US: Treasury International Capital


Tue Oct 17 15:00:00 CDT 2017

Actual Previous Revised
Foreign Demand for Long-Term U.S. Securities $67.2B $1.3B $1.2B

Highlights
A nearly even split between foreign buying of U.S. securities, at $34.6 billion, and U.S. selling of foreign securities, at $32.6 billion, made for a strong inflow of $67.2 billion in long-term securities during August. Foreign accounts were active buyers of U.S. Treasuries at $11.5 billion and heavy buyers of corporate bonds at $19.2 billion. Foreign accounts were also buyers of government agency bonds, at $9.2 billion, but were sellers of equities where the monthly outflow came to $5.4 billion. Selling by U.S. accounts was nearly entirely in foreign bonds. Country data show Chinese accounts raising their holdings of U.S. Treasuries, by $34.5 billion to $1.200 trillion, while Japanese accounts trimmed their holdings by $11.4 billion to $1.102 trillion. Strong inflow of securities is a plus for the U.S. economy, helping to offset the nation's trade and government deficits.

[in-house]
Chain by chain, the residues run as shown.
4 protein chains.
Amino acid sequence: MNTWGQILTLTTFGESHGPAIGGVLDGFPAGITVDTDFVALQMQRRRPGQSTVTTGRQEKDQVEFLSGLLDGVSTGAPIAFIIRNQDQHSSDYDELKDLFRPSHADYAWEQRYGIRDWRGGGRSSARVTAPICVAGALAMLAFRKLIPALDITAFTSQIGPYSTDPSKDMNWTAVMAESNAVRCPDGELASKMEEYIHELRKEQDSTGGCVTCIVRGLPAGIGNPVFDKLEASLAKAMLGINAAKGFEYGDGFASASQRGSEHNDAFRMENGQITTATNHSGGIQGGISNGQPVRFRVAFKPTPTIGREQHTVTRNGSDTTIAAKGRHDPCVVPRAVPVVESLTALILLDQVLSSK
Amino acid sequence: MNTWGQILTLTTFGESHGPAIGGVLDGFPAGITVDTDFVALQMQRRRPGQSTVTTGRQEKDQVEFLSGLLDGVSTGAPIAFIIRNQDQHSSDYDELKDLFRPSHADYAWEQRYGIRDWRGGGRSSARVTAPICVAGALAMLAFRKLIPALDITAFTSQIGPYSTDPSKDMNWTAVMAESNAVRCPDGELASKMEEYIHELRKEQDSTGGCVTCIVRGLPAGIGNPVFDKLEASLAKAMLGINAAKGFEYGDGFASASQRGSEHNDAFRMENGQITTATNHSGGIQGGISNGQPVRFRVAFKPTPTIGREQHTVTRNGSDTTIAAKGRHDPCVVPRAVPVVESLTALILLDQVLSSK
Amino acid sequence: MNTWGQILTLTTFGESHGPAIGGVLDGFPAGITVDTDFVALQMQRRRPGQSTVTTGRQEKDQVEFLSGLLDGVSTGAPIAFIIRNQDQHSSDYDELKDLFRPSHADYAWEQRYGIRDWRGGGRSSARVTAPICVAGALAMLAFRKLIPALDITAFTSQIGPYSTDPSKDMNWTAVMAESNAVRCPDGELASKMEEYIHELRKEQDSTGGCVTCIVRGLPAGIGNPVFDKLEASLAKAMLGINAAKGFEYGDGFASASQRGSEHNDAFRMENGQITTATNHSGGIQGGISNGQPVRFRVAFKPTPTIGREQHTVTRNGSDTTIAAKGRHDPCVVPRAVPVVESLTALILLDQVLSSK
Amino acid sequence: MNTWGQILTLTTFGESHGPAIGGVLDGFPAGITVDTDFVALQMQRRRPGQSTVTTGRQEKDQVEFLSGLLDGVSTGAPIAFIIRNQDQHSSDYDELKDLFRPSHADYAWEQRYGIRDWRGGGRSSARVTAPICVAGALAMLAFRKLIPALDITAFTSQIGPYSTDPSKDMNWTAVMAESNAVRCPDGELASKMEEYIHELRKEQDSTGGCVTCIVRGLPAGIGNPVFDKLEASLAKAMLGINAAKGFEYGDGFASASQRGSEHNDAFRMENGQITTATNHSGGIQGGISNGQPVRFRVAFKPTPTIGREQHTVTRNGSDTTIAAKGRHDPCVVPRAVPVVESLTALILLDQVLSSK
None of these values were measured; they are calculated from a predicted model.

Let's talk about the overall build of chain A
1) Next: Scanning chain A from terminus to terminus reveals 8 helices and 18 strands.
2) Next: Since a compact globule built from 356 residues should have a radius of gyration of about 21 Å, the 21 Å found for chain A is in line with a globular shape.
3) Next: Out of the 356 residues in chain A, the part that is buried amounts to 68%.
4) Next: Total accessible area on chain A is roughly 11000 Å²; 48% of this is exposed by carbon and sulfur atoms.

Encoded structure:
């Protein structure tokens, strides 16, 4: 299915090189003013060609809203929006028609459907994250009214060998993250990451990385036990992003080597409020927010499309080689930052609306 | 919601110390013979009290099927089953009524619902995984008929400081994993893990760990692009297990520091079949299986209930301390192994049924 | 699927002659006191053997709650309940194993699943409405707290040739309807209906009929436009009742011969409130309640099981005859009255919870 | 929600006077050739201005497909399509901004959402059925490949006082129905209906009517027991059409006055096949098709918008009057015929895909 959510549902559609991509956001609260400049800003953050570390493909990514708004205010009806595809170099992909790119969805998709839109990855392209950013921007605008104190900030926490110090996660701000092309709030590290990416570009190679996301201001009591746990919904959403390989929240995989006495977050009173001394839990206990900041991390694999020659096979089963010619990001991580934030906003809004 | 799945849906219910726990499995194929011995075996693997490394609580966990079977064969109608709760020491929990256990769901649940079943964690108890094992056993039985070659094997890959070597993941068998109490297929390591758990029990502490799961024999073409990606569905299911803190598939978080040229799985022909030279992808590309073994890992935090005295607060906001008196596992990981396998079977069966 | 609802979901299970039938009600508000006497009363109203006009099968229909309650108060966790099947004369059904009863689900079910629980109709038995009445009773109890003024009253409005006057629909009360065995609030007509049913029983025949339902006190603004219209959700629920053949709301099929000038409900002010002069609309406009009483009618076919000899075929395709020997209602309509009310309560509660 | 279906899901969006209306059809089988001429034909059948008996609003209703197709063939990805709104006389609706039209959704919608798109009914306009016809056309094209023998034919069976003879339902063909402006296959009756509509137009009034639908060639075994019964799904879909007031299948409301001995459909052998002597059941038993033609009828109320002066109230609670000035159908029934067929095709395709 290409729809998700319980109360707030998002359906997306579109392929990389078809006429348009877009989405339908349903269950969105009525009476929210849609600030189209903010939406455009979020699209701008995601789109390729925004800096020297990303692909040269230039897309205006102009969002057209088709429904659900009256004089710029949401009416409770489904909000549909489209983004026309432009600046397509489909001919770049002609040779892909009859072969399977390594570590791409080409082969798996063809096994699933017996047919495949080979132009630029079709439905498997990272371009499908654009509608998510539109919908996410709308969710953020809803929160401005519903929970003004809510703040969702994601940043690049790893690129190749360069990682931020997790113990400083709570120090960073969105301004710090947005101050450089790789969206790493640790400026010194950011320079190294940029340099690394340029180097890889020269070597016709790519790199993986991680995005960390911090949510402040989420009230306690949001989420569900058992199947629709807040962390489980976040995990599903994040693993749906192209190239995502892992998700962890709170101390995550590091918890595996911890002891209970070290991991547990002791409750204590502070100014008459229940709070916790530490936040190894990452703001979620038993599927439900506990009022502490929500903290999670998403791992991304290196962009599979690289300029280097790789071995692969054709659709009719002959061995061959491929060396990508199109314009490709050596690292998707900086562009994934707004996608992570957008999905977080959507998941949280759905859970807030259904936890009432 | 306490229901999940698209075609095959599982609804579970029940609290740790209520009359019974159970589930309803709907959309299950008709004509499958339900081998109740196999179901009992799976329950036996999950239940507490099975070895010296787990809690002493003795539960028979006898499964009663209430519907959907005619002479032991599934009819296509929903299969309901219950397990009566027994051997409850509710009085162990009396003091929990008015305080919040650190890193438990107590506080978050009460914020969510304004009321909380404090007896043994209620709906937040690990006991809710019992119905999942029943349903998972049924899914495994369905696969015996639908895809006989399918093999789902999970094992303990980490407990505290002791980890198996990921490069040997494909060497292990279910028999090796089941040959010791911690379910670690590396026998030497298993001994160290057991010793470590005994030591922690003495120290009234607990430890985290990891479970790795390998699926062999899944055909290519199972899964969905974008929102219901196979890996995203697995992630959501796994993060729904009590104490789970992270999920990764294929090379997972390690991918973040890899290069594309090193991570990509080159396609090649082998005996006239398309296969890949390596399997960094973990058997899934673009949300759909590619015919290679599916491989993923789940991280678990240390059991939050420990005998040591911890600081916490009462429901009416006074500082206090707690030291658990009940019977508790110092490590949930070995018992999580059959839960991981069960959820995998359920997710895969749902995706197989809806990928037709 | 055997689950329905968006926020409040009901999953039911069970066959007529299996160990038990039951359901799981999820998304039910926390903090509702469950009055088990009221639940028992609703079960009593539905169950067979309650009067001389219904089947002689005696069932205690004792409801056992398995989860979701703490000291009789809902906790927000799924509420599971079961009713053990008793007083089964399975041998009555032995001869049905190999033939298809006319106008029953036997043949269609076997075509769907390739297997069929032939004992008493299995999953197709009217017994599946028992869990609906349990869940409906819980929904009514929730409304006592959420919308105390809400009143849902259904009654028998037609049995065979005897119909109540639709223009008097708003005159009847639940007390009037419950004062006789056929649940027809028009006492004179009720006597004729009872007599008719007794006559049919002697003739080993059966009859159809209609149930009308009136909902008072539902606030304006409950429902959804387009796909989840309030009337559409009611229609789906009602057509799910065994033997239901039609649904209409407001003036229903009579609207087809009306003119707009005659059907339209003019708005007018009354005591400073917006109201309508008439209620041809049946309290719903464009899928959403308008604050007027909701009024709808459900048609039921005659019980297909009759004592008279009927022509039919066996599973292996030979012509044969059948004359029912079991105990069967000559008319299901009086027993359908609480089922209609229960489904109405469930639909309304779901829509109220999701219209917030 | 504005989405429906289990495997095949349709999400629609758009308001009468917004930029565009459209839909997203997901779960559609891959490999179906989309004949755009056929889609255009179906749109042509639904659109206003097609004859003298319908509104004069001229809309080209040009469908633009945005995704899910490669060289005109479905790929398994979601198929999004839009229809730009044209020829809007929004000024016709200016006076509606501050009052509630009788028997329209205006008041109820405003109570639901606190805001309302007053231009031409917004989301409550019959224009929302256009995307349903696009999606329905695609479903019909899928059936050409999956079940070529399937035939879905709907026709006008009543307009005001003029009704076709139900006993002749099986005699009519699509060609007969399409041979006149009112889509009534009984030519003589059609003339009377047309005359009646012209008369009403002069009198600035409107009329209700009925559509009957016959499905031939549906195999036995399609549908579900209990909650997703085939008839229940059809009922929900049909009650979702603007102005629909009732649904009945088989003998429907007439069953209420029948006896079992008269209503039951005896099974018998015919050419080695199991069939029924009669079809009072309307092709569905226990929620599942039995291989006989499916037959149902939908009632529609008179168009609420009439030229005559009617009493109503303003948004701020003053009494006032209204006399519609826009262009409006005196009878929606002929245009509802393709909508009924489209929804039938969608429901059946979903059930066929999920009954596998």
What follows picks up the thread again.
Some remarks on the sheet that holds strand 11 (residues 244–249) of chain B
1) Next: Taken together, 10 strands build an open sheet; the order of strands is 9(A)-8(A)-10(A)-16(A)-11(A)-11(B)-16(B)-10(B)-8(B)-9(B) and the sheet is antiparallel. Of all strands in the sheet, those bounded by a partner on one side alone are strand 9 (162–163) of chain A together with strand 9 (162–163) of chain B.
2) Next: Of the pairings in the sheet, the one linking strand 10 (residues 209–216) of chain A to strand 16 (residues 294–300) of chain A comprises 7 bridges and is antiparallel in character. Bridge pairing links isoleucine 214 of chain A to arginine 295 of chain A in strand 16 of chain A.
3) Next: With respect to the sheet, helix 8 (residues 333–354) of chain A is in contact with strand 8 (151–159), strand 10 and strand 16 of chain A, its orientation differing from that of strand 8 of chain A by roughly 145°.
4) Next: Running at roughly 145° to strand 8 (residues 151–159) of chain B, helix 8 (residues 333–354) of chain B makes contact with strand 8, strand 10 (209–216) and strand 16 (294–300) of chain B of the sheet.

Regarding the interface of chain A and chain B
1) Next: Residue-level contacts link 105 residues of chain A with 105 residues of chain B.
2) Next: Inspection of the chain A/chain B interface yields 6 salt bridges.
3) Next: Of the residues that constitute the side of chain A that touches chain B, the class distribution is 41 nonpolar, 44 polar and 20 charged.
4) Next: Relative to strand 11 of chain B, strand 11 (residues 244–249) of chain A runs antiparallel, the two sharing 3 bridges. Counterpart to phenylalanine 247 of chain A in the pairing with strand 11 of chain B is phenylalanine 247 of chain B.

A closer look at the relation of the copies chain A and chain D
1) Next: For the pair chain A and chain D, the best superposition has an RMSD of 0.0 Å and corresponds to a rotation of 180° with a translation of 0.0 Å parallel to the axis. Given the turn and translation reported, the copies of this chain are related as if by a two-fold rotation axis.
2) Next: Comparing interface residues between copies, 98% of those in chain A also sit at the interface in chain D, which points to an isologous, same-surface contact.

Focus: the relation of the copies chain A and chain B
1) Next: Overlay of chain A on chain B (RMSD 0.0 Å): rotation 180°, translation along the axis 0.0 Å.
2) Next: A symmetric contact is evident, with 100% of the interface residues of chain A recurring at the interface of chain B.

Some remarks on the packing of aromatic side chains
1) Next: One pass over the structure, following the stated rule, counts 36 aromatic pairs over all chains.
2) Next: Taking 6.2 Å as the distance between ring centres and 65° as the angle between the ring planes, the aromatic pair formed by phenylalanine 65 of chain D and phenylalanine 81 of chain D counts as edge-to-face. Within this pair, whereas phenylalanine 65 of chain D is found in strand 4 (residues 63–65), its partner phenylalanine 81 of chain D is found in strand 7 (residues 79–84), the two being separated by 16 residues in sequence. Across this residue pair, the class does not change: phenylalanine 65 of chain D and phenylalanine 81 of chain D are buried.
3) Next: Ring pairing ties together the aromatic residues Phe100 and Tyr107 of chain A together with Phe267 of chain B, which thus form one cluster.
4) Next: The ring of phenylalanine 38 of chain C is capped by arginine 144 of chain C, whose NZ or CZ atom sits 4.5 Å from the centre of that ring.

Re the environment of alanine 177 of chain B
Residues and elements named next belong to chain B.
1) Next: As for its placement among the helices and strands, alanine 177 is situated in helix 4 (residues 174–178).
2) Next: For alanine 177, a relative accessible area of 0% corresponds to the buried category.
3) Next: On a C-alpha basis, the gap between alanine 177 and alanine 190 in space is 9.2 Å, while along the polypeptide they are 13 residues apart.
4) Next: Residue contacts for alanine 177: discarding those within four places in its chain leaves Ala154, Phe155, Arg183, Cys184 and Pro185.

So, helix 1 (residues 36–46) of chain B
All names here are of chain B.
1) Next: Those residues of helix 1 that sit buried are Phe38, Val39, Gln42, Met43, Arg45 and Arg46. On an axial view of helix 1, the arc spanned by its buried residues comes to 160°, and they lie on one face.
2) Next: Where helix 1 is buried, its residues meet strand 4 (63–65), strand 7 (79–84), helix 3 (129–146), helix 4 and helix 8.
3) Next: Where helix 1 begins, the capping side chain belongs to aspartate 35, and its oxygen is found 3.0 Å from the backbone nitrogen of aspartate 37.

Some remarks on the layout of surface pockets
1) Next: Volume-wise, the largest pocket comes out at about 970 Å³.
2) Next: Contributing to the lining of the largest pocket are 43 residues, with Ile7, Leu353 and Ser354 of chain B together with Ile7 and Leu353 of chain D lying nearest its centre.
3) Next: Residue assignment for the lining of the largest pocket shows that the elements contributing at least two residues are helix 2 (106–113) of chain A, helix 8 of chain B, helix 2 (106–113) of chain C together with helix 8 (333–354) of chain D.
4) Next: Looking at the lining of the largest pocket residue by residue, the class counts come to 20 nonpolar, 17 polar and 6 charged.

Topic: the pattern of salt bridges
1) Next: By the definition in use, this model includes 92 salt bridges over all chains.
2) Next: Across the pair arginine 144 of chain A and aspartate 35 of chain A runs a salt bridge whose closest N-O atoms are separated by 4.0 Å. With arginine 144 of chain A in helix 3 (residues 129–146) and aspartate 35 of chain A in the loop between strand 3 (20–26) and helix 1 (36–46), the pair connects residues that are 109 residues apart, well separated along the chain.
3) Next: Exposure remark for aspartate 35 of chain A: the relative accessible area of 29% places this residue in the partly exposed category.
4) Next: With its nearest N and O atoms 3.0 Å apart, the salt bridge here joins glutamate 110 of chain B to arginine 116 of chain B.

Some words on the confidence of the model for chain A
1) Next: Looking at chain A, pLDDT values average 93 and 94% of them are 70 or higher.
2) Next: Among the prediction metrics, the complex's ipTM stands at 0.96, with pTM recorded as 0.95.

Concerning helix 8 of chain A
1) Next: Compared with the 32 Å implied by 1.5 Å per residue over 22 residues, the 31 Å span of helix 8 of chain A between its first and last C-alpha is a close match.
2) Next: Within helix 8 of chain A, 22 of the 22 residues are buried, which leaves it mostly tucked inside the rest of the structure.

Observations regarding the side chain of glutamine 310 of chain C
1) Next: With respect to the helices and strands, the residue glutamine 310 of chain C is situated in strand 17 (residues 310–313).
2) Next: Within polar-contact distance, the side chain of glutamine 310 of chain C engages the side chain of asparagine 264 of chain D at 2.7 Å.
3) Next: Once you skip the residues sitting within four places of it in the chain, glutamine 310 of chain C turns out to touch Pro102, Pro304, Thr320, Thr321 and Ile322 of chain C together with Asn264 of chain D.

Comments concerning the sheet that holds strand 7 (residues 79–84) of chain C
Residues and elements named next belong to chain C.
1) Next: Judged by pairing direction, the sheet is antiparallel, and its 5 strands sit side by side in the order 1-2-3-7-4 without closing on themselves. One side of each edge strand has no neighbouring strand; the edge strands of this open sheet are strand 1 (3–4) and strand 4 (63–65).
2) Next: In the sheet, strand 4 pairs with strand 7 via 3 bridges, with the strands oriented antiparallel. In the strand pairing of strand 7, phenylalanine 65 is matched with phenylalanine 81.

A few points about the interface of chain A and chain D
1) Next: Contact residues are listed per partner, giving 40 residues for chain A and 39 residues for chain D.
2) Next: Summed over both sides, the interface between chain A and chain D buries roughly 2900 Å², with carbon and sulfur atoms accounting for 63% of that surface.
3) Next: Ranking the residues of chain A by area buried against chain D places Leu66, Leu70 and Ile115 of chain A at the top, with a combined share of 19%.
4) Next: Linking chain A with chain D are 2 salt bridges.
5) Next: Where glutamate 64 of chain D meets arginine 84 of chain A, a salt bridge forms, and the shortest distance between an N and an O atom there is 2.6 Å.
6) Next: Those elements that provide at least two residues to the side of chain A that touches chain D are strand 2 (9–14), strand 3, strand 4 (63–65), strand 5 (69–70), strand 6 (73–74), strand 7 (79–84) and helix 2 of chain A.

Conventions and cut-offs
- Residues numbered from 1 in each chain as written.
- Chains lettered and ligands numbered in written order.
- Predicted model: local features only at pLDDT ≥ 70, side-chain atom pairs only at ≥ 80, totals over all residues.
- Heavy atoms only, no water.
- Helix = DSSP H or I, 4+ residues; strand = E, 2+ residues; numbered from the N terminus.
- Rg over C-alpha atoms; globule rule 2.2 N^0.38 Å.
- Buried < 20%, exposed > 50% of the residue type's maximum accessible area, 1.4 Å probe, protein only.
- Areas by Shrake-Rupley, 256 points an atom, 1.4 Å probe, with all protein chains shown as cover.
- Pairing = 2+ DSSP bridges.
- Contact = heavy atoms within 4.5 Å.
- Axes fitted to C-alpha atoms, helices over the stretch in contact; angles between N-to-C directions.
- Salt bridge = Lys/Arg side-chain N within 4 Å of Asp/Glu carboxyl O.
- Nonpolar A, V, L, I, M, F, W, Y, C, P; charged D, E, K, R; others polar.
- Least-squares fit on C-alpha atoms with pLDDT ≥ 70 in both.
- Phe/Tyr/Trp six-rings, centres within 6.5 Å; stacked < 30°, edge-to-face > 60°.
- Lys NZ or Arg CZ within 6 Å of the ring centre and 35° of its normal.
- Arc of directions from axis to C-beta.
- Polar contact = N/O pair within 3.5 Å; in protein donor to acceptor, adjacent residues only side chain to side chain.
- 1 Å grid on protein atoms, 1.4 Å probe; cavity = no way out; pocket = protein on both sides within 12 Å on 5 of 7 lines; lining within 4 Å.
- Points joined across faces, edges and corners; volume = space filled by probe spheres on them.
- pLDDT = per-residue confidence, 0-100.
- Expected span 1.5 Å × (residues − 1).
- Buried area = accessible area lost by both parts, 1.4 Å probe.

Definition
These Treasury data track the flows of financial instruments into and out of the United States. Instruments tracked include Treasury securities, agency securities, corporate bonds, and corporate equities.

Description
TIC data have been issued for the past 30 years, but only recently, due to an enormous rise in foreign participation in our markets, have they grabbed the attention of the international financial markets. Although methodologically limited, TIC offers a measure of foreign demand for our debt and assets. Bonds and the dollar are most sensitive to the data, therefore bond and foreign exchange markets are more likely to react to this report than the equity market. Strong inflows (demand for U.S. securities) are needed to keep downward pressure on interest rates. Strong inflows also underpin the value of the dollar since foreigners must purchase dollars in order to buy our securities. A strong dollar helps to maintain stability in all U.S. financial markets. Since foreign ownership of U.S. equities is comparatively small, the equity market is less concerned about this report.